Learning to Use the Same System that the Pros Use

I mentioned in an earlier post that Fuqua’s Ford Library has several Bloomberg terminals where students can access financial data. Since Bloomberg terminals are used by hundreds of thousands of traders and financial managers around the world, I thought it might be a good idea to find out how to use them. What a stroke of luck that Fuqua just happened to offer Bloomberg training this past week! There had been a previous training session which I had regrettably missed out on, so I jumped on the opportunity to sign up for this one.

To someone who has never seen a Bloomberg system before, it may look strange and archaic, especially the colorful keyboard and MS-DOS looking display screens. These terminals, though, are the link between thousands of people and the real-time financial world.

If you are not familiar with Bloomberg or trading systems, here is a brief rundown. Bloomberg is a financial data research organization based in New York City that reports on various aspects of companies, stocks, industries, and markets. These statistics and information are updated continuously throughout the day, and are easily accessed using special computers built by Bloomberg. These computers, referred to as terminals, consist of two screens and a color coded keyboard that is designed to optimize navigation of the Bloomberg data system. Bloomberg terminals are largely important in doing company research, and may also be used to trade stocks, bonds, commodities, or check other global markets. Now, back to the training.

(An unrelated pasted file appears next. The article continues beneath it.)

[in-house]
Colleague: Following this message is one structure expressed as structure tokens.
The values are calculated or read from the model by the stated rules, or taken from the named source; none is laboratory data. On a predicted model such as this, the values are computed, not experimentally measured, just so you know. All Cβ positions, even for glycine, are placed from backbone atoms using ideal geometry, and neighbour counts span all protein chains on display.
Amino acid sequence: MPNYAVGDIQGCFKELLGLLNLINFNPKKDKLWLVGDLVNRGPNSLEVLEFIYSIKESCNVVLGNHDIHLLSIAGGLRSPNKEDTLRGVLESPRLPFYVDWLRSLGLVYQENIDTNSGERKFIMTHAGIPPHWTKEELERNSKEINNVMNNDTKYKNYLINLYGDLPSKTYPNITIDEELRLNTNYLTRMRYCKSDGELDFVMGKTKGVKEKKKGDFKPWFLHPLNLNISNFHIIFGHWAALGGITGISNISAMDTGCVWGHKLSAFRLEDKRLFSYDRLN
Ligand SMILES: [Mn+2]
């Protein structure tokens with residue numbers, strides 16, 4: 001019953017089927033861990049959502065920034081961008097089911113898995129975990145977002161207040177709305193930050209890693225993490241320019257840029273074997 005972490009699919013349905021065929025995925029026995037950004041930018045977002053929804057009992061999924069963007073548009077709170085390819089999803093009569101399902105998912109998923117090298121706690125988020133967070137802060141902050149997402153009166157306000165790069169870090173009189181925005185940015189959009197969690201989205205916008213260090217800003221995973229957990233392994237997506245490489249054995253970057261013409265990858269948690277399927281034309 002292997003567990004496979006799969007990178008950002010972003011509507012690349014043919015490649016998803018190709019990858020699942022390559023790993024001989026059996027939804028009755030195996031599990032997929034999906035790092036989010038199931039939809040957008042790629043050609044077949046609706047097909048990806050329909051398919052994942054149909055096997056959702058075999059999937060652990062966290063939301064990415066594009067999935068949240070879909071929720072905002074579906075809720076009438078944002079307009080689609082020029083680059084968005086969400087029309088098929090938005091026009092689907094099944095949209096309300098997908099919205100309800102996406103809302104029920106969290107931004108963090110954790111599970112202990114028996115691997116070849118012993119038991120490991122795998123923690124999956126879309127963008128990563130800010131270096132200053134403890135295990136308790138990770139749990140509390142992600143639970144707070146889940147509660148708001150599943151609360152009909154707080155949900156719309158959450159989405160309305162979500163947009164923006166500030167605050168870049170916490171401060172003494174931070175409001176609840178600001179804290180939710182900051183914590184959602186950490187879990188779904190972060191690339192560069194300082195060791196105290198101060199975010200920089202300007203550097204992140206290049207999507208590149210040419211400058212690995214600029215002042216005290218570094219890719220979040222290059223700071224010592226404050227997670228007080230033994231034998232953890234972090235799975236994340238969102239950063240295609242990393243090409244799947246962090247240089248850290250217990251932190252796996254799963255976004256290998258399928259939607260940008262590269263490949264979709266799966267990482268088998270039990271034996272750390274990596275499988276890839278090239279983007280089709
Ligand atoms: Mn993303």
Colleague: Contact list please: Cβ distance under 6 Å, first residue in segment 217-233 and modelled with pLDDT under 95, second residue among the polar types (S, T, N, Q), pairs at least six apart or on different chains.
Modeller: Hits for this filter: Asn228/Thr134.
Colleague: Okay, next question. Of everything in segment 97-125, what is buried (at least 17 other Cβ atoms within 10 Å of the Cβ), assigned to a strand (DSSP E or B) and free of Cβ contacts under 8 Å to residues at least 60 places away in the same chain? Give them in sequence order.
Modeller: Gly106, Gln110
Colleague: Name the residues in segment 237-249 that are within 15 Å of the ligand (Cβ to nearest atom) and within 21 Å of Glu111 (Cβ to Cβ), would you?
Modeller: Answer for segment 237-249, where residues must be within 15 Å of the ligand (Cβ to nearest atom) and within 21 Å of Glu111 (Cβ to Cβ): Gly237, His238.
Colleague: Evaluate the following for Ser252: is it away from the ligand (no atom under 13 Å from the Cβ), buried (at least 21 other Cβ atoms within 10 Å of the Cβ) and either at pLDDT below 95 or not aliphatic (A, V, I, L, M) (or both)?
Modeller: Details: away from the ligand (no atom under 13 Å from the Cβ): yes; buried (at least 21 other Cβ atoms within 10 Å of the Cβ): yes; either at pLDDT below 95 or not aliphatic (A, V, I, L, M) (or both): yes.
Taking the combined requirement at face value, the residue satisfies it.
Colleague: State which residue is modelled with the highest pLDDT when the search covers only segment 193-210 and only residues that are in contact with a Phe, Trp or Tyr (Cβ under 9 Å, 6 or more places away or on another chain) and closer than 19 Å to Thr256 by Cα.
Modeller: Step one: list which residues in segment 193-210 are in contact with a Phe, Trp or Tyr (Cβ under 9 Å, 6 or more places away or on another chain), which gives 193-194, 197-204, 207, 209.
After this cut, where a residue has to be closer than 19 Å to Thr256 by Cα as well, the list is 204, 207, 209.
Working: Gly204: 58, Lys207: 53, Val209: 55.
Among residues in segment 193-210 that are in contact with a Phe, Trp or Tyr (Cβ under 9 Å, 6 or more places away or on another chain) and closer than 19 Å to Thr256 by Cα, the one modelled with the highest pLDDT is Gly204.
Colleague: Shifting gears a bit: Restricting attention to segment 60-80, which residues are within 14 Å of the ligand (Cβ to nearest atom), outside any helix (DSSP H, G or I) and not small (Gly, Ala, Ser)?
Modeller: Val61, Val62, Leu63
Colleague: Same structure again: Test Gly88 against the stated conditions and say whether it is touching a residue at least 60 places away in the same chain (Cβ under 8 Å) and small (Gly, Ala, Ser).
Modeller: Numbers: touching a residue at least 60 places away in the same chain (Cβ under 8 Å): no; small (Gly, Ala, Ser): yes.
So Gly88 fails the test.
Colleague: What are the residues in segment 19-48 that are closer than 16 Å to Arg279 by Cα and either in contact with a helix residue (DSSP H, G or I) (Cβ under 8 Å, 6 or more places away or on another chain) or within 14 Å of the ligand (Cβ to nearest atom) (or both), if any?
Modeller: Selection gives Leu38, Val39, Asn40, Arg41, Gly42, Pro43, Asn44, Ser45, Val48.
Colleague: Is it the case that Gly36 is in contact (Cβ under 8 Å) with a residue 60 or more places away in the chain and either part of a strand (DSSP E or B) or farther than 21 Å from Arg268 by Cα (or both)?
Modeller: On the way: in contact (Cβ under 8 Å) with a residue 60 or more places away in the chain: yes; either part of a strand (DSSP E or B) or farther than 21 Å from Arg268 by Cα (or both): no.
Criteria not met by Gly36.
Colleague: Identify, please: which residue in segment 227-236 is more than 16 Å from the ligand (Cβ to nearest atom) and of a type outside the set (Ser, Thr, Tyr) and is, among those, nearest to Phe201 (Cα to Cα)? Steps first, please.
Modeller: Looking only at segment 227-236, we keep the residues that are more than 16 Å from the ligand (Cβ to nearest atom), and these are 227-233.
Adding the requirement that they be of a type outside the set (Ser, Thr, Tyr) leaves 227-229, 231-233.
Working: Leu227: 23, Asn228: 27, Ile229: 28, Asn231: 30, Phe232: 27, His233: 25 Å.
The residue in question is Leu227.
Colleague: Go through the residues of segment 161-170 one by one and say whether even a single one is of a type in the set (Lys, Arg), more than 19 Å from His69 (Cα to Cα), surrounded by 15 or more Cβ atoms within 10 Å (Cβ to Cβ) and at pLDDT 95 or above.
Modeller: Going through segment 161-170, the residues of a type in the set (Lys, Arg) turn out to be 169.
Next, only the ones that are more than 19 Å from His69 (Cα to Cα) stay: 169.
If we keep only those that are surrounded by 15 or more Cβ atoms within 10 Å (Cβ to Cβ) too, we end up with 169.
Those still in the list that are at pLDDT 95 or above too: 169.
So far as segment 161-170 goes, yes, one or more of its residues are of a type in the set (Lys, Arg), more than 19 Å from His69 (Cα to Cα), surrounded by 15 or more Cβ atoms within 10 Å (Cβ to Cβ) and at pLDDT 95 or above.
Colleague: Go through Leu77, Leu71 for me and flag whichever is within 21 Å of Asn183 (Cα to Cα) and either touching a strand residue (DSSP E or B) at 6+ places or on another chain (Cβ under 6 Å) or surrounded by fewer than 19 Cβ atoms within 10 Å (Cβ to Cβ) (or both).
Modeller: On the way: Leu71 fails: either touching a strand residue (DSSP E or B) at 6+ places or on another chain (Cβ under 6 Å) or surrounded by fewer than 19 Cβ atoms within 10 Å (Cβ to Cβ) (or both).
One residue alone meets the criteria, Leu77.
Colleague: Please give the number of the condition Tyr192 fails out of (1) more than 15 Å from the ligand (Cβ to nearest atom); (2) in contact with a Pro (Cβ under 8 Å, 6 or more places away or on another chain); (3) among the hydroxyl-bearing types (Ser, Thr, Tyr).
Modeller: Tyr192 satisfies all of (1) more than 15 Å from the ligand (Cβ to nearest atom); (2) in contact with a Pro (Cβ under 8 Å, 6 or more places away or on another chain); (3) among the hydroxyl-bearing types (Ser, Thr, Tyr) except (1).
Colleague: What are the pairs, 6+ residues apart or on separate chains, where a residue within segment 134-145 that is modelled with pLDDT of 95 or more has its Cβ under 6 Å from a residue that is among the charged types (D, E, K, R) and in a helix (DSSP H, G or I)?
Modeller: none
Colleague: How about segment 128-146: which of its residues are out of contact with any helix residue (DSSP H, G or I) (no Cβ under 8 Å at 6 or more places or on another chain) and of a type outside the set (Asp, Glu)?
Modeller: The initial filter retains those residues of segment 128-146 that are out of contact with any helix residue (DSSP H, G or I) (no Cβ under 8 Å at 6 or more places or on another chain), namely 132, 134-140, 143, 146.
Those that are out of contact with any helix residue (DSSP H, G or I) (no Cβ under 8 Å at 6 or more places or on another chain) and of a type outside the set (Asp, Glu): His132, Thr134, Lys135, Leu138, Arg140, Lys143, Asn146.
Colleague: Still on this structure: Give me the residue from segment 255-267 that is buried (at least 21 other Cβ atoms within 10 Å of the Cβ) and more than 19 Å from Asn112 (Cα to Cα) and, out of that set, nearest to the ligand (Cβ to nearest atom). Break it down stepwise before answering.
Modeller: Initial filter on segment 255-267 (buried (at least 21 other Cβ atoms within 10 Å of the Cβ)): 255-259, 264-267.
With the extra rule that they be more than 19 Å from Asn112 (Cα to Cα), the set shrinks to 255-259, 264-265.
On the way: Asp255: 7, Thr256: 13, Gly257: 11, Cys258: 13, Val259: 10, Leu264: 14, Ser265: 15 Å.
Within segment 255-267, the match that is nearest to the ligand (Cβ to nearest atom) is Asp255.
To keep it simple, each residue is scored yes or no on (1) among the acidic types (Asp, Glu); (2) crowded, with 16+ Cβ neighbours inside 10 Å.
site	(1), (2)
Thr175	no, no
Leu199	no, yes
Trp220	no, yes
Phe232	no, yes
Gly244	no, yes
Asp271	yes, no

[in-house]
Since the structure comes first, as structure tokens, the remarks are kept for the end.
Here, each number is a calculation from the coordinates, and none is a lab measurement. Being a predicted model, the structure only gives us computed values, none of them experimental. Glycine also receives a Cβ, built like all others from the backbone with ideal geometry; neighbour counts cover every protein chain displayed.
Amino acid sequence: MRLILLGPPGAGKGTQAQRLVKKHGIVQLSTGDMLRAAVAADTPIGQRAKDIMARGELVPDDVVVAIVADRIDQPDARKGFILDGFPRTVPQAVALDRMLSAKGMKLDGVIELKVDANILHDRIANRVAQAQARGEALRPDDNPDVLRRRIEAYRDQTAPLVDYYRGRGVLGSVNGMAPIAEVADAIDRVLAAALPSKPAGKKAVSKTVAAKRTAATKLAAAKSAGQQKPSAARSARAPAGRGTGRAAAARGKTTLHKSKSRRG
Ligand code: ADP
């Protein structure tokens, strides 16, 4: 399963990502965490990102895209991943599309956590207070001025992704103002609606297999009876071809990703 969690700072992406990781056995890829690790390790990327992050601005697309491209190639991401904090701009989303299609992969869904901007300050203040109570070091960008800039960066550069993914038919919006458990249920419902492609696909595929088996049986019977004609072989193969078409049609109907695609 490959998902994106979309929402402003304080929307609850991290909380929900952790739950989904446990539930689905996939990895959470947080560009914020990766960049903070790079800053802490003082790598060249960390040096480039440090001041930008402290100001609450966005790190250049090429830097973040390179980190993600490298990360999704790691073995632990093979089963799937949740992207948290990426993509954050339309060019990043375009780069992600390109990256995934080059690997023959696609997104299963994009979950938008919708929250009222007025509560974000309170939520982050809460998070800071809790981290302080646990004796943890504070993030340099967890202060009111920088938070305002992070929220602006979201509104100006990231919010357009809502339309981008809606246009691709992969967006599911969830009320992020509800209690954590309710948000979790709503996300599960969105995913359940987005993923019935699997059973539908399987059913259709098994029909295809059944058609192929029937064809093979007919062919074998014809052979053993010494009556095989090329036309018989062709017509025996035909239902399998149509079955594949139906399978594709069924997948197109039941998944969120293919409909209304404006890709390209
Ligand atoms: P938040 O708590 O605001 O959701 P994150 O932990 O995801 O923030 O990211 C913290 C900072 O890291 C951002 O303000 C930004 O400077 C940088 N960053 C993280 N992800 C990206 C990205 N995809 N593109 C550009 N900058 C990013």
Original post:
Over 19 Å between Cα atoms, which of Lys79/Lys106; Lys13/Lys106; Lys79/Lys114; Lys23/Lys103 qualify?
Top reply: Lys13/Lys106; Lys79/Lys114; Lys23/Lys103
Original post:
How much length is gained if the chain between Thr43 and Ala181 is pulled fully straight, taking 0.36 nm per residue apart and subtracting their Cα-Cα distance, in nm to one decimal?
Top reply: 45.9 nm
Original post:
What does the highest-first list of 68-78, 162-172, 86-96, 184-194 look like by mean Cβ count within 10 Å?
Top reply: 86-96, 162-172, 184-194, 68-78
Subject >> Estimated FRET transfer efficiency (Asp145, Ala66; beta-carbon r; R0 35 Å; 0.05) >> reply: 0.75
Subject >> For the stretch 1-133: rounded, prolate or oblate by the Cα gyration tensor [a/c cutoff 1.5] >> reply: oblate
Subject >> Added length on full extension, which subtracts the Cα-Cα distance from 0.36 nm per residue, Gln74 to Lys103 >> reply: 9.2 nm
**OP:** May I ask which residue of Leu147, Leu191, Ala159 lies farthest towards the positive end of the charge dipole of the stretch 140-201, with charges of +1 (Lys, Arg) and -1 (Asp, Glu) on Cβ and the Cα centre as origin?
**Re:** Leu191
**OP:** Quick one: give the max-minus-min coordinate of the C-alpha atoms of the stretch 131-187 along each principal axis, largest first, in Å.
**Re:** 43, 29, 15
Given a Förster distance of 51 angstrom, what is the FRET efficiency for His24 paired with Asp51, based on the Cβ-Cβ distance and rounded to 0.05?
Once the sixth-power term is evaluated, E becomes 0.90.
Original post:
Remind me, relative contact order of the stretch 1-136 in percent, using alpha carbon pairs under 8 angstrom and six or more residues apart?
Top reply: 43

Two Bloomberg trainers instructed a class full of students on specific commands and keywords used to navigate the data. There is more to these systems than just trading prices and market data, however. There is supply chain data, which allows users to see which firms are primary suppliers to a company, as well as how much revenue a firm generates for the company that it supplies. Bond trend lines and treasury data are also available for analysis, which is incredible for anyone analyzing the fixed income and bond markets. There is even a product segmentation function, which breaks up a company’s equity based on the individual products that it sells.

There are many aspects of the Bloomberg system that we did not get to learn about, given that we only had an hour, but I feel comfortable enough to get started. Hopefully I can try my hand at managing a portfolio, and maybe even figure out the stock market someday. Overall, it was really nice to learn about these systems without even leaving school. It seems that there are always opportunities to learn at Fuqua, you really just have to show up.